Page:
EM gained some limited traction as last week ended. However, renewed concerns about China could limit this bounce as President Xi signaled the possibility that growth could fall below the government’s 6.5% target. China PMI readings out this coming weekend will be the first snapshot of December. Markets are likely to become more sensitive to Chinese data going forward.
Bank of Israel meets Monday and is expected to keep rates steady at 0.10%. Deflation is persistent, with CPI at -0.3% y/y in November. Low base effects should move inflation into positive territory next year and into the 1-3% target range. This should prevent further easing by the central bank. Q3 GDP will be reported Thursday and growth is expected to remain steady at an annualized 3.2%.
Brazil reports November central government budget data Monday, and the primary deficit is expected at -BRL38.0 bln. Consolidated budget data will be reported Tuesday, and the primary deficit is expected at -BRL54 bln. Recall that the October data were boosted by the tax amnesty scheme, and so November should show a return to the negative trend. December IGP-M wholesale inflation will be reported Thursday, and is expected to rise 7.02% y/y vs. 7.12% in November.
Korea reports November IP Thursday, which is expected to rise 1.5% y/y vs. -1.6% in October. December CPI will be reported Friday, and is expected to rise 1.4% y/y. If so, it would be the highest since August 2014. Due to low base effects, inflation is likely to approach the 2% target next year, and this should keep the BOK in cautious mode. On Sunday, Korea reports December trade. Exports are expected to rise 4.6%, while imports are expected to rise 6.7% y/y.
Thailand reports November manufacturing production Thursday, which is expected to rise 0.3% y/y vs. 0.1% in October. The Bank of Thailand sees 3.2% GDP growth next year, about the same as 2016. However, it warned that the Thai economy faces greater uncertainty going forward due to the fragile global recovery. Trade and current account data will be reported Friday.
Chile central bank releases its minutes Wednesday. Chile then reports November manufacturing production and retail sales Thursday. The former is expected at -1.2% y/y, while the latter is expected at +2.1% y/y. The economy remains weak, but we think inflation remains too high to justify a rate cut anytime soon. At 2.9% y/y in November, inflation is just below the 3% target.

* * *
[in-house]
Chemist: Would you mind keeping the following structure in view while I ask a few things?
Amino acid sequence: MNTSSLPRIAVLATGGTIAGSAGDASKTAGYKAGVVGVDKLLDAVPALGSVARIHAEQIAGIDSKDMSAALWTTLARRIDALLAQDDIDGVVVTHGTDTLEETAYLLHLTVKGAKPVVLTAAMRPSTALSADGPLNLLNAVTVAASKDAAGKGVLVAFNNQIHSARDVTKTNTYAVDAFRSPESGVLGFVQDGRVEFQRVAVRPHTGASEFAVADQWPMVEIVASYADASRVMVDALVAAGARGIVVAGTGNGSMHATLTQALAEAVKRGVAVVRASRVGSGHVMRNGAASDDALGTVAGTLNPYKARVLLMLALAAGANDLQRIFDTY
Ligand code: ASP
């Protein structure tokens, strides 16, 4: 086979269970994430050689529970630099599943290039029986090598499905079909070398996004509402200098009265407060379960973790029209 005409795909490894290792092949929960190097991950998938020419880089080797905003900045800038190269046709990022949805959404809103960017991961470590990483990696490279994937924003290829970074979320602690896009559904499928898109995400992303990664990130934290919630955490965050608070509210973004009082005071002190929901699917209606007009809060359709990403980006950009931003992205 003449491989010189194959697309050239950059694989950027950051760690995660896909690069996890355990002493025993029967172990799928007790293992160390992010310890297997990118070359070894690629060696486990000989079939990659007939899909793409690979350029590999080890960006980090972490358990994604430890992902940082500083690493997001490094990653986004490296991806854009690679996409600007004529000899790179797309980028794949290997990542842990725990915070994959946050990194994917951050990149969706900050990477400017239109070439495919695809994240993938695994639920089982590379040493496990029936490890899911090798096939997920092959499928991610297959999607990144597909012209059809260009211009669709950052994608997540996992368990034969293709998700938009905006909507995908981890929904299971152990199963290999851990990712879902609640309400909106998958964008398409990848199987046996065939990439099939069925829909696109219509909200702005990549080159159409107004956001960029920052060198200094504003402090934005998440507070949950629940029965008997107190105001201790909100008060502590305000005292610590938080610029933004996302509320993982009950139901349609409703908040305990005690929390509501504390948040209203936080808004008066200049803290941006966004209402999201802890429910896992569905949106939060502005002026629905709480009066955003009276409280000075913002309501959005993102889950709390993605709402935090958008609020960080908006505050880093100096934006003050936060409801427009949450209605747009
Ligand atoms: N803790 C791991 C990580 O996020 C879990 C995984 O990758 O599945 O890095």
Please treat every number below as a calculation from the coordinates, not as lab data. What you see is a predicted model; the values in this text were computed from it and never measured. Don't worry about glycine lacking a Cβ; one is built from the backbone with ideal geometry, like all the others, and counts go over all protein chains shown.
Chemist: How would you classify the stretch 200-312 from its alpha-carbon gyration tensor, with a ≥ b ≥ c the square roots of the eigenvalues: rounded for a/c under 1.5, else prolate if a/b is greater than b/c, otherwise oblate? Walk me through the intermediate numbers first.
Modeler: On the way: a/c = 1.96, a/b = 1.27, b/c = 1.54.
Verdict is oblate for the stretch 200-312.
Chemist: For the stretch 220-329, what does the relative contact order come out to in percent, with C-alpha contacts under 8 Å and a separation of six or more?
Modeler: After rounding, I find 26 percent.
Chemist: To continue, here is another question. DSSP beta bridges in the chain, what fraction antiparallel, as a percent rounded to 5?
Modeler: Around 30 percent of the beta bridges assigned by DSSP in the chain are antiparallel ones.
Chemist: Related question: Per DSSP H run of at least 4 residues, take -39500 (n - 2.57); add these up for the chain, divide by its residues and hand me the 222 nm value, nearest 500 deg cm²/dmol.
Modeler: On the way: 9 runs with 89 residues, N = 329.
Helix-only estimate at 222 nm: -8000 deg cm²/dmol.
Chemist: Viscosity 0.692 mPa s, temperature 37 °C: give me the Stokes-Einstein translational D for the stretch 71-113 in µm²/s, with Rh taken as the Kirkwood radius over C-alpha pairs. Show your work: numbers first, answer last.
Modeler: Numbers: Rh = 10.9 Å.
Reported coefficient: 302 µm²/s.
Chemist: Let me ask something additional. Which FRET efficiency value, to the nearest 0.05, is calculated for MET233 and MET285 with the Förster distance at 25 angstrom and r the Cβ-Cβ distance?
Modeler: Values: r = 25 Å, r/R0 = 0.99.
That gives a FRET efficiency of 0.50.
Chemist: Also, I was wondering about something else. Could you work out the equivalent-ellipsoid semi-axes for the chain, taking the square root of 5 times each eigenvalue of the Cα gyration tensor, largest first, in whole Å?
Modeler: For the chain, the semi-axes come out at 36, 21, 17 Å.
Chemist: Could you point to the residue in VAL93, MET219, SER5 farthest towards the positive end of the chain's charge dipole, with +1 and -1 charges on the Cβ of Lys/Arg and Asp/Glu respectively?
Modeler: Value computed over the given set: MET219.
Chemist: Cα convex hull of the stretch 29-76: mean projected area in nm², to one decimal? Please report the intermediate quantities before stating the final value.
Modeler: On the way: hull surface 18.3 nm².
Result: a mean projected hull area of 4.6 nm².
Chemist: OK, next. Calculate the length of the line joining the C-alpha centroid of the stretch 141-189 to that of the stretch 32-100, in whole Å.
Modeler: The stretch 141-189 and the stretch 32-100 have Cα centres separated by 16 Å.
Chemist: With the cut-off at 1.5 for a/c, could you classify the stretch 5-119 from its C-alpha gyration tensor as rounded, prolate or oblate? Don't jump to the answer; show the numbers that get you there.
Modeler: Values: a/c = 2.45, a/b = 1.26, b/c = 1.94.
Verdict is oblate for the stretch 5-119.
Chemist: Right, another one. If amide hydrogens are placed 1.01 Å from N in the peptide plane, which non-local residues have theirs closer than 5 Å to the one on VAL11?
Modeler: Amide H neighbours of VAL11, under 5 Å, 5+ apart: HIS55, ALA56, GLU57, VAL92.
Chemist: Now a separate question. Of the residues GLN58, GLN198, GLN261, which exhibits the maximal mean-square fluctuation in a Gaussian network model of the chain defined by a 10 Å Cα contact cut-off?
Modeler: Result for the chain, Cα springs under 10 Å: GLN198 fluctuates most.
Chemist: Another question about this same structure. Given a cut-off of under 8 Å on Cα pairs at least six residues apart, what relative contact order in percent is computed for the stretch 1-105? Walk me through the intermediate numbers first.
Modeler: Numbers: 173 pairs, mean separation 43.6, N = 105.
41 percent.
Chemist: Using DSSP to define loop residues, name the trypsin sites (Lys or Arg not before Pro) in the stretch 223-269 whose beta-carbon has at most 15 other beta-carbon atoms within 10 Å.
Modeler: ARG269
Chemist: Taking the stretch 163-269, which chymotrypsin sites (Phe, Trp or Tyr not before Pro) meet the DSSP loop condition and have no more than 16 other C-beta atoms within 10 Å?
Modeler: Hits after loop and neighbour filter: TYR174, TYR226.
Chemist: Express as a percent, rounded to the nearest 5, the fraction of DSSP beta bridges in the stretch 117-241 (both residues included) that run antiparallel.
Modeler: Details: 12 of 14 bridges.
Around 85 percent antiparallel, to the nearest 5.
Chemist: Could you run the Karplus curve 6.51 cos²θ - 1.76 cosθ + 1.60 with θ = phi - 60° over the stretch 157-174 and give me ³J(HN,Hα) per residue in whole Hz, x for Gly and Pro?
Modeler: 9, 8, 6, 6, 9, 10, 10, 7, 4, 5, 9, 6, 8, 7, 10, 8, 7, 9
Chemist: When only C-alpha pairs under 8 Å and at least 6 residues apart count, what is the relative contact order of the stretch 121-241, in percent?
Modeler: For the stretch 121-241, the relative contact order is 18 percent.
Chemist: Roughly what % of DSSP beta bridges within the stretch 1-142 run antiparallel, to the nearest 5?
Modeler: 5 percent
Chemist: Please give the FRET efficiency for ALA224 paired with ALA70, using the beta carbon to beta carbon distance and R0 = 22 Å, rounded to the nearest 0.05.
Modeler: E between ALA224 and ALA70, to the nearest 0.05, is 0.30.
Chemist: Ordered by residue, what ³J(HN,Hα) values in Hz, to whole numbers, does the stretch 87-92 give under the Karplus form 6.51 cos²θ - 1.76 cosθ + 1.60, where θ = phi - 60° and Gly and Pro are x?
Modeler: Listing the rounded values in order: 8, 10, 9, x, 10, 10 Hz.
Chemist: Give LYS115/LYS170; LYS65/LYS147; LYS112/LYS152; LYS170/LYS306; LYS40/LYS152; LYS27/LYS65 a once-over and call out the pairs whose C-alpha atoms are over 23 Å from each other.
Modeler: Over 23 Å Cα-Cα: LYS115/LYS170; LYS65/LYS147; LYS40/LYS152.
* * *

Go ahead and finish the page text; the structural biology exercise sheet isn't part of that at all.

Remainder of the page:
Banco de Mexico releases minutes from its December meeting Thursday. At that meeting, the bank hiked a larger than expected 50 bp to 5.75%. Mid-December inflation came in higher than expected, up 3.48% y/y. This is further above the 3% target (but still in the 2-4% target range) and the highest since December 2014. Next Banxico meeting is February 9. We had been thinking that if the Fed stands pat at its next meeting February 1, this would allow Banxico to stand pat too. But if renewed MXN peso weakness intensifies, Banxico may be forced into another hike.
Egyptian central bank meets Thursday, and is expected to hike rates 25 bp to 15%. We see risks of a much larger move that would send a strong signal to the markets. CPI inflation accelerated to 19.4% y/y in November, the highest since November 2008. The Egyptian central bank hiked rates 300 bp to 14.75% when it floated the pound last month. It has not moved since.
South Africa reports November trade, money, and loan data Friday. Money and loan growth are both expected to slow from October. The trade balance has been improving in recent months, as exports have rebounded even as imports are constrained by sluggish demand. The current account gap rose to -4.1% of GDP in Q3, but could show improvement in Q4 due to the trade balance.
Turkey reports November trade Friday, which is expected at -$4.1 bln vs. -$4.2 bln in October. Exports have been weak in recent months. As higher energy prices boost imports, we expect the external accounts to worsen significantly next year.
Poland reports December CPI Friday, which is expected to rise 0.5% y/y vs. flat in November. If so, this would be the first positive reading since June 2014 and the highest since March 2014. This should prevent any further easing. Indeed, with low base effects likely to significantly boost inflation, the central bank may have to move up its forward guidance from the current view of the first hike in 2018.
Russia reports December CPI Friday, which is expected to rise 5.6% y/y vs. 5.8% in November. If so, this would be the lowest since July 2012 and would justify the hawkish stance of the central bank this year. However, the bank said it could resume easing in H1 2017 if inflation continues to converge with the 4% target.
China reports official December PMI readings Sunday, with manufacturing seen at 51.6 vs. 51.7 in November. Markets were spooked by President Xi’s comments last Friday, when he said he is open to growth falling below the government’s target due to rising debt and concerns about the global outlook after Trump’s election victory. Xi added that the target does not have to be met if doing so creates too much risk. Markets are likely to become more sensitive to Chinese data going forward.